Air Force Spartan embarks on international exercise in New Caledonia
13 November 2017
Over the period 13–24 November 2017, 44 Royal Australian Air Force (RAAF) personnel and a C-27J Spartan transport aircraft will participate in Exercise MHANUU 2017 in New Caledonia.
MHANUU is hosted by the French Armed Forces of New Caledonia (FANC) and involves rehearsing regional humanitarian assistance and disaster relief (HADR) scenarios.
As the South Pacific is prone to natural disasters, the Australian Defence Force is committed to working closely with its regional partners to provide life-saving humanitarian assistance as required.
The Spartan, from No. 35 Squadron at RAAF Base Richmond, has joined the FANC Air base near Noumea and will operate in coordination with French aircraft during the Exercise.
Commanding Officer No. 35 Squadron Wing Commander Jarrod Pendlebury, said MHANUU serves as a valuable training experience for Air Force.
“We carry a tremendous amount of experience with HADR operations, and it’s important to apply that knowledge to the Spartan workforce,” Wing Commander Pendlebury said.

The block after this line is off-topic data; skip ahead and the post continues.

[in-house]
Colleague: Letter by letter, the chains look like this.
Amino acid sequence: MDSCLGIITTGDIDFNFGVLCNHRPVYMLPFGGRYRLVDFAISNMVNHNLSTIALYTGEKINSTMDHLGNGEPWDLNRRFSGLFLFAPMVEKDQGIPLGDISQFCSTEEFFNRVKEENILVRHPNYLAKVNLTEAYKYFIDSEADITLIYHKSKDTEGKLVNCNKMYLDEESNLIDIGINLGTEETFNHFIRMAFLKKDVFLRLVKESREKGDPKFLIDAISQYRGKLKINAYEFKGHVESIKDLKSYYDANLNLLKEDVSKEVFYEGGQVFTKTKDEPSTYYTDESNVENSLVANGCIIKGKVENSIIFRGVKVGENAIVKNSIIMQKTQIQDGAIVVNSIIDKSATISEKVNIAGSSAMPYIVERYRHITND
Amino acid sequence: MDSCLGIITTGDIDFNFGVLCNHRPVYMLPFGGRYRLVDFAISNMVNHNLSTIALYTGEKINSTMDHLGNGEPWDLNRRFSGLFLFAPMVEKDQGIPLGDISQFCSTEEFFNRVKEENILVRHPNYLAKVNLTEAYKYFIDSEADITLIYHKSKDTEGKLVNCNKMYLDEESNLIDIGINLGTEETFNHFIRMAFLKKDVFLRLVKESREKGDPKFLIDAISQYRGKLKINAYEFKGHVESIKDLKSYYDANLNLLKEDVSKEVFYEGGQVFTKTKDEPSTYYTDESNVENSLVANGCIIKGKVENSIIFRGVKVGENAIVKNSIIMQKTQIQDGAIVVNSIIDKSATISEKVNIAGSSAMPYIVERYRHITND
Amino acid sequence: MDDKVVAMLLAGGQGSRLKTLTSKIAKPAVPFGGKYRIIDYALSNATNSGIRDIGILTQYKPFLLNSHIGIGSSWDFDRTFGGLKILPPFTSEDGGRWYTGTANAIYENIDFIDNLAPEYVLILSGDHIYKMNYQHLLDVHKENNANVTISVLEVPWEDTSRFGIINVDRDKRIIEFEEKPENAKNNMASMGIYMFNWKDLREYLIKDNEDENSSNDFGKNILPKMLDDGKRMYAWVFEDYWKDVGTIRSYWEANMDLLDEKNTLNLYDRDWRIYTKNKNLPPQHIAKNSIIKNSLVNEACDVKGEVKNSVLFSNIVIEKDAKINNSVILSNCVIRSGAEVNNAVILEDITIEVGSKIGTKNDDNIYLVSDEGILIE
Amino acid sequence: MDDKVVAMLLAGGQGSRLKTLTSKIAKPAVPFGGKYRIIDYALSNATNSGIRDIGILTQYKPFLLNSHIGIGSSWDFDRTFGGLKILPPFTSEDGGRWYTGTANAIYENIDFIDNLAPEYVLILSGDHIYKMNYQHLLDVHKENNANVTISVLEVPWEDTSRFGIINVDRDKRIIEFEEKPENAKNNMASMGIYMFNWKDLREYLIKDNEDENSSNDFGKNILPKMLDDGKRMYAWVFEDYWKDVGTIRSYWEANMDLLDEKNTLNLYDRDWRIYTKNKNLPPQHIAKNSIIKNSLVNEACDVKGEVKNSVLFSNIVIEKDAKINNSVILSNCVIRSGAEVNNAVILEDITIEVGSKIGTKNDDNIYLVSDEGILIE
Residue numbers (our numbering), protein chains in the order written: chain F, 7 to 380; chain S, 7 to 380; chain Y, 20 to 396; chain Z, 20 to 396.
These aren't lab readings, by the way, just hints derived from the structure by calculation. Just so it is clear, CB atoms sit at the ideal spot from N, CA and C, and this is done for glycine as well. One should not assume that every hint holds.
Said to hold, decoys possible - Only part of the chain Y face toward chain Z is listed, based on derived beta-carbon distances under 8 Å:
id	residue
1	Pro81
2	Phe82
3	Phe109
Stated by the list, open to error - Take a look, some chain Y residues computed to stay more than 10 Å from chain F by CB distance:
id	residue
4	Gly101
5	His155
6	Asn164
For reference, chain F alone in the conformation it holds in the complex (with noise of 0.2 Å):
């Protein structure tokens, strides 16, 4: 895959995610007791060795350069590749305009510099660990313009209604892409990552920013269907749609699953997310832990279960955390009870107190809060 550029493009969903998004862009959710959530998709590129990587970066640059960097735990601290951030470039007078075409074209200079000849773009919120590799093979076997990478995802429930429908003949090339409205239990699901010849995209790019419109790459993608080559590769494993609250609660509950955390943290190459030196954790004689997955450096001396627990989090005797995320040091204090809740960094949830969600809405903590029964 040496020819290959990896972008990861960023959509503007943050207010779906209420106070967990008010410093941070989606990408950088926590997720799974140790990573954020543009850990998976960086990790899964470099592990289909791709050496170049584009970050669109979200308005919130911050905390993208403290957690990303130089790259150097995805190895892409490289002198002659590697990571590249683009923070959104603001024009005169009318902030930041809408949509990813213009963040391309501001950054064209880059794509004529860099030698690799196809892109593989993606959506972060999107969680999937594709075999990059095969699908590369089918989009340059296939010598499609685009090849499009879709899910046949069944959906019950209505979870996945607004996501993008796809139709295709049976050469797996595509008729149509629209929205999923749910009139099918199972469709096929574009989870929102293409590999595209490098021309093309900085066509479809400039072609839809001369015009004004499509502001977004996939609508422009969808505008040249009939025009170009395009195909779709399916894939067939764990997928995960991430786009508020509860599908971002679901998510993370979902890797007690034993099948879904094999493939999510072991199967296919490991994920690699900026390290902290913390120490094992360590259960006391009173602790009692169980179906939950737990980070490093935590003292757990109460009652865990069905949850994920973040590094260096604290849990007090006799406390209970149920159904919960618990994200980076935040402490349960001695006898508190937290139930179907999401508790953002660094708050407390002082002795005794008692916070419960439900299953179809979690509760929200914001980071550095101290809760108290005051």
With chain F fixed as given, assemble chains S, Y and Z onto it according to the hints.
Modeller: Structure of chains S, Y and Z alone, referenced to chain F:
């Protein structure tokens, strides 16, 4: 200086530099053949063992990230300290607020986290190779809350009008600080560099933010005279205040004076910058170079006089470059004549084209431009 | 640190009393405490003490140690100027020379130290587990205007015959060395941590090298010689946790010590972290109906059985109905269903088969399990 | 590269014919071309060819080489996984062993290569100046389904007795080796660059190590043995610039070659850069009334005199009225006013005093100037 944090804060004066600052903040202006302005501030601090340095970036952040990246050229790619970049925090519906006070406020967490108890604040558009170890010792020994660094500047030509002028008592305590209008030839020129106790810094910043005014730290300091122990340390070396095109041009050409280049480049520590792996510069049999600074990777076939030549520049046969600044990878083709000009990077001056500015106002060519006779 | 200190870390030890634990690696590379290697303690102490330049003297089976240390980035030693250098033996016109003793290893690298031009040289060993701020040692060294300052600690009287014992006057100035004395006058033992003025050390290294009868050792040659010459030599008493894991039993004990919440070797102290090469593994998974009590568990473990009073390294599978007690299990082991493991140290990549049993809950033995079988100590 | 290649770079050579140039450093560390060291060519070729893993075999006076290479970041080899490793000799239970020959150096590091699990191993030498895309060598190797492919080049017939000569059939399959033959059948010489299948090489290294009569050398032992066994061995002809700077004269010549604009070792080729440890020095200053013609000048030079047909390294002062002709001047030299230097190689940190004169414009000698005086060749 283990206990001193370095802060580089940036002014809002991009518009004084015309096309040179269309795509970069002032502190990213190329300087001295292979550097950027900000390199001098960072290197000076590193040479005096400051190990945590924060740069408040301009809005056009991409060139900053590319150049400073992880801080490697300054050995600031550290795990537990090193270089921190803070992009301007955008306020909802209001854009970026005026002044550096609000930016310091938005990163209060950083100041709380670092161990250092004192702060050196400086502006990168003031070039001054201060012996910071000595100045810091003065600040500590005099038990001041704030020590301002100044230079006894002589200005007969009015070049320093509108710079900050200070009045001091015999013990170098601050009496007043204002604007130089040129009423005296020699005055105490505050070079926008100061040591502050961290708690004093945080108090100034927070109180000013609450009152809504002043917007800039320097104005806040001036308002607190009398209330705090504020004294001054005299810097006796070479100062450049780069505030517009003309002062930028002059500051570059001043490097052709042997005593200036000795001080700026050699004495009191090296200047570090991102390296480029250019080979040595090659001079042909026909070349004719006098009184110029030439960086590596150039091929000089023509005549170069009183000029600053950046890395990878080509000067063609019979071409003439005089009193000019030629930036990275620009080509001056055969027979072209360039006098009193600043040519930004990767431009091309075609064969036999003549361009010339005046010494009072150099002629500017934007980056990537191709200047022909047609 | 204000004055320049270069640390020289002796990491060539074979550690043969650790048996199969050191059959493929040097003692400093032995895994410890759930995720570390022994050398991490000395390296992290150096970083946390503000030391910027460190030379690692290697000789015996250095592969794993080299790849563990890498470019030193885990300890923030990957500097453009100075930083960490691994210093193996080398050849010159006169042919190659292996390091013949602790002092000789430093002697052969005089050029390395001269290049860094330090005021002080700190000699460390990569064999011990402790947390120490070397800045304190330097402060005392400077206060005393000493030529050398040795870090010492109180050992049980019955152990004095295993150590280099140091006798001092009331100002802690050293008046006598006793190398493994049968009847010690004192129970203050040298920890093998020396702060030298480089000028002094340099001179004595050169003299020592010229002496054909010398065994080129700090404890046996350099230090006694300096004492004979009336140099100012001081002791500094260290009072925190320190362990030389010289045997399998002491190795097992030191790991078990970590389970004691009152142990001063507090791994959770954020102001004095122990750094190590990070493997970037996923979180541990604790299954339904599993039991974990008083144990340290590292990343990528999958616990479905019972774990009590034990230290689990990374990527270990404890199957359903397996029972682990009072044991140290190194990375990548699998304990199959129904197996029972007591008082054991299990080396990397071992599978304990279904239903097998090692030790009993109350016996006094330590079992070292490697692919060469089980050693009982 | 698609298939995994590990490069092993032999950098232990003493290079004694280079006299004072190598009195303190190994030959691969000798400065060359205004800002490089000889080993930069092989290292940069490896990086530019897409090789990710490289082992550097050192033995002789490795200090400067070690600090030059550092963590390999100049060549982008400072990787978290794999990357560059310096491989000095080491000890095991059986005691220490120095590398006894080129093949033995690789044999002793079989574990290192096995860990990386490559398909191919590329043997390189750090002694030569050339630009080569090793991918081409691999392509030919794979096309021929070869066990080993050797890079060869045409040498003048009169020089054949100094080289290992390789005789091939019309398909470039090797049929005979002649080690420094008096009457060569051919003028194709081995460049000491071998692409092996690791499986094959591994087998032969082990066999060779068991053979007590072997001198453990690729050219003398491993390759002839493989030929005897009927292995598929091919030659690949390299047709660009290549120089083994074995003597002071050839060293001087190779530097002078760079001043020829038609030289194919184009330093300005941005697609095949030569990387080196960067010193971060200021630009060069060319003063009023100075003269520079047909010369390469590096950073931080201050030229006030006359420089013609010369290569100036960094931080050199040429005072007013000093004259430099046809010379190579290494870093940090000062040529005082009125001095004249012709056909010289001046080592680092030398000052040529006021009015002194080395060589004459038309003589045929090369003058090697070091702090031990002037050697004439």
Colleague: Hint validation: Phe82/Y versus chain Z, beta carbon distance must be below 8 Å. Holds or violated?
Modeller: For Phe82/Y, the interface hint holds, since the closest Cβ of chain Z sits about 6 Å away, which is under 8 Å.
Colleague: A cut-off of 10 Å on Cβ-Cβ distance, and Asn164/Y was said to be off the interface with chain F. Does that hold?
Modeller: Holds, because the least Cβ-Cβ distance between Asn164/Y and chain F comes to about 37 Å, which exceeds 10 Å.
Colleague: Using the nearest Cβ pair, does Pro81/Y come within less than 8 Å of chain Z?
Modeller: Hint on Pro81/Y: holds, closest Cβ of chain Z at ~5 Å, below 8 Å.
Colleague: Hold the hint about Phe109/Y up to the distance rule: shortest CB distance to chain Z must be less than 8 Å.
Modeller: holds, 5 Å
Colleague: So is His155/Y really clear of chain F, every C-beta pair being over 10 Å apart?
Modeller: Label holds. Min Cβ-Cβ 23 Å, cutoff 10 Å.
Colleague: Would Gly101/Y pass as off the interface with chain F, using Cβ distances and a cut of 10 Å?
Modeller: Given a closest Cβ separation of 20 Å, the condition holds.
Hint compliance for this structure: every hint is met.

“This includes flying missions to airdrop aid and personnel, evacuate people from remote airstrips, and conduct aero-medical evacuations.
“Bringing the Spartan to MHANUU ensures that we can build techniques with regional partners from France and New Zealand, and be ready to respond if called.”
The Spartan, which entered RAAF service in mid-2015, carries a payload of five tonnes, or 34 passengers.
The Spartan’s relatively small size allows it to access airstrips too narrow or soft for larger airlifters, which significantly enhances the RAAF’s HADR capabilities across the Pacific.
“The Air Force has a wide range of air mobility platforms that can deliver relief supplies and specialist personnel around the globe, but it’s the Spartan’s job to deliver over that last tactical mile,” Wing Commander Pendlebury said.
“MHANUU allows partner nations to better understand what RAAF can do, as well as providing No. 35 Squadron the opportunity to work in an unfamiliar environment.”
Imagery will be available at: http://images.defence.gov.au/mhanuu